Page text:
Beamer on talking to his team about the rare opportunity of getting to match up against No. 1.

Can anyone at Virginia Tech become the next Ed Vereb, Scott Sisson, or Peter Boulware? That will be the prevailing question Saturday when the Hokies open their football season against No. 1 Alabama in the Georgia Dome.

Unless my eyes misread the agate, or the media guide errs, this will mark the 47th time in 61 seasons that an ACC team has encountered the Associated Press’ top-ranked outfit. The ACC’s record in such games is — ouch! — 3-43.

The conquerors were Maryland in 1955, Georgia Tech in 1990 and Florida State in 1996. The heroes were players such as Vereb, Sisson and Boulware.

Coleman on footwork did in practice Tuesday, but wasn't able to do previous two weeks

* Maryland’s 1955 home opener against No. 1 UCLA attracted a then-Byrd Stadium record 46,000 fans — the Terps’ largest home crowd last season was 40,391 — and they were rewarded with a fierce defensive struggle in a steady rain.

With the game scoreless in the third quarter, Maryland coach Jim Tatum disdained a field goal attempt on fourth-and-a-foot from the Bruins’ 17.

Here’s how Sports Illustrated described it: “The play was classic split-T. [Quarterback Frank] Tamburello slid along the line of scrimmage to his right. He showed the ball tantalizingly to Bruin End Johnny Hermann, like a guide giving a tourist a flash of a French postcard. Hermann hesitated, then lunged. In that instant, Tamburello pitched the ball quickly out to the trailing halfback, Ed Vereb — and the UCLA Bruins had lost their first ball game since the 1954 Rose Bowl.”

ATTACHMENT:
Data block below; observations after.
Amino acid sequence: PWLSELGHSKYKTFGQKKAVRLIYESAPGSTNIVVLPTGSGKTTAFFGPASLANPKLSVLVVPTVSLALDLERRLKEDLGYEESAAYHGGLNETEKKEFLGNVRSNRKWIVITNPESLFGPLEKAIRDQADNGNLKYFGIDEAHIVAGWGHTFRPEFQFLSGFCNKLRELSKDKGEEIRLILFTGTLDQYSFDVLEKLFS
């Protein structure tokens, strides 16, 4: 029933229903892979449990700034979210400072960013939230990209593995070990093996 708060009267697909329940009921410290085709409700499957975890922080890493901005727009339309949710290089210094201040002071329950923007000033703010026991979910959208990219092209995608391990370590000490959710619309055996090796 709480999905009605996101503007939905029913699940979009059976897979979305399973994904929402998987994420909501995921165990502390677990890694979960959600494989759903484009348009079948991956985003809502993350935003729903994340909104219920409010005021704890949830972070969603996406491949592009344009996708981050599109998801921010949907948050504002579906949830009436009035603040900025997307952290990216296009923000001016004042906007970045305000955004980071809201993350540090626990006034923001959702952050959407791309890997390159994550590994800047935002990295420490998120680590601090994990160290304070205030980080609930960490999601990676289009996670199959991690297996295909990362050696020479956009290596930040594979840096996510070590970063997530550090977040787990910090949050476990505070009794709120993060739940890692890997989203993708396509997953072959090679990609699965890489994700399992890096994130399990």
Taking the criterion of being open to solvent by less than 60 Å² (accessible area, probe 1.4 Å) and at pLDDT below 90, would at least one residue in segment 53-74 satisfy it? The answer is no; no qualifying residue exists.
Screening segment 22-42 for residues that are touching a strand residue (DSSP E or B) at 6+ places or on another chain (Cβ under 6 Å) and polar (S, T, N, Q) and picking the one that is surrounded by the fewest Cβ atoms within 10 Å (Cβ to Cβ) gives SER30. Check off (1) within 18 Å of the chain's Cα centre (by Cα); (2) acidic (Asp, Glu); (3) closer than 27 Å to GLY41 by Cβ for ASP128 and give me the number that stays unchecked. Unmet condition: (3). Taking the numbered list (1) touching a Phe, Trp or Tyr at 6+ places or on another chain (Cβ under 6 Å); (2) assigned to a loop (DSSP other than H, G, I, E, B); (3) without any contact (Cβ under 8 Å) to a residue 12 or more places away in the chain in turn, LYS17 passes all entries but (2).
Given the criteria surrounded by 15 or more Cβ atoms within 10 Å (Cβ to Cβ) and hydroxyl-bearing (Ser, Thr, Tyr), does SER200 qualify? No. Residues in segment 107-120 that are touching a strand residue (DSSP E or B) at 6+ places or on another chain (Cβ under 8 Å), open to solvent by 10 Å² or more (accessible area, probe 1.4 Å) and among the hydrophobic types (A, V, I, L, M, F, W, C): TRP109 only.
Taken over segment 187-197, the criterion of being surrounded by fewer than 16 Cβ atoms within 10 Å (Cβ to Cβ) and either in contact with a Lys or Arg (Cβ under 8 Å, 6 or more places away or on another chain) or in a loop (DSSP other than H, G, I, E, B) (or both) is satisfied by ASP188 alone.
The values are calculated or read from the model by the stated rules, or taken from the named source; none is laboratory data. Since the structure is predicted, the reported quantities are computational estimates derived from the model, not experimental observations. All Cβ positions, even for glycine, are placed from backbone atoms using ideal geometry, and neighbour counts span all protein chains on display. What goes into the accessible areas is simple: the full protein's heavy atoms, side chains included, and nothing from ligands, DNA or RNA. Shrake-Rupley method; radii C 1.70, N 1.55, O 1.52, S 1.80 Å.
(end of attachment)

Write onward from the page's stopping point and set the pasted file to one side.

The final was 7-0. Maryland finished the regular season 10-0 but lost the Orange Bowl to No. 3 Oklahoma 20-6.

* The first November meeting of ACC unbeatens transpired in 1990 when No. 16 and twice-tied Georgia Tech visited No. 1 Virginia. Here’s a link to my story — sorry, Cavaliers faithful — which doesn’t do justice to the brilliance that afternoon of Virginia’s Shawn Moore and Herman Moore, and Tech’s Shawn Jones.

The Yellow Jackets prevailed 41-38 on Sisson’s 37-yard field goal as time expired, later defeated Nebraska in the Citrus Bowl to complete an unbeaten season and shared the national championship with Colorado.

* Despite a 10-0 record and average victory margin of 30 points, Florida State entered its 1996 regular-season finale against Florida ranked No. 2 behind the Gators and Danny Wuerffel, the eventual Heisman Trophy winner.

Wuerffel threw for 362 yards and three scores, but the Seminoles intercepted him three times, in large measure because Boulware and his defensive mates pressured him throughout. Meanwhile, Warrick Dunn rushed for 185 yards as Florida State survived a late Gators score to win 24-21 (Chicago Tribune story here).

The teams’ Sugar Bowl rematch wasn’t nearly as close, with Wuerffel’s three touchdown passes leading the Gators to a 52-20 rout and their first national championship.

Here’s a team-by-team breakdown of the ACC against No. 1:

CLEMSON (0-4)

1958: LSU 7-0 in Sugar Bowl.

1993: at Florida State 57-0.

1995: Florida State 45-26.

1999: Florida State 17-14.

DUKE (0-8)

1958: LSU 50-18.

Beamer says he's not conceding loss to Alabama, despite Tech's injuries and underdog status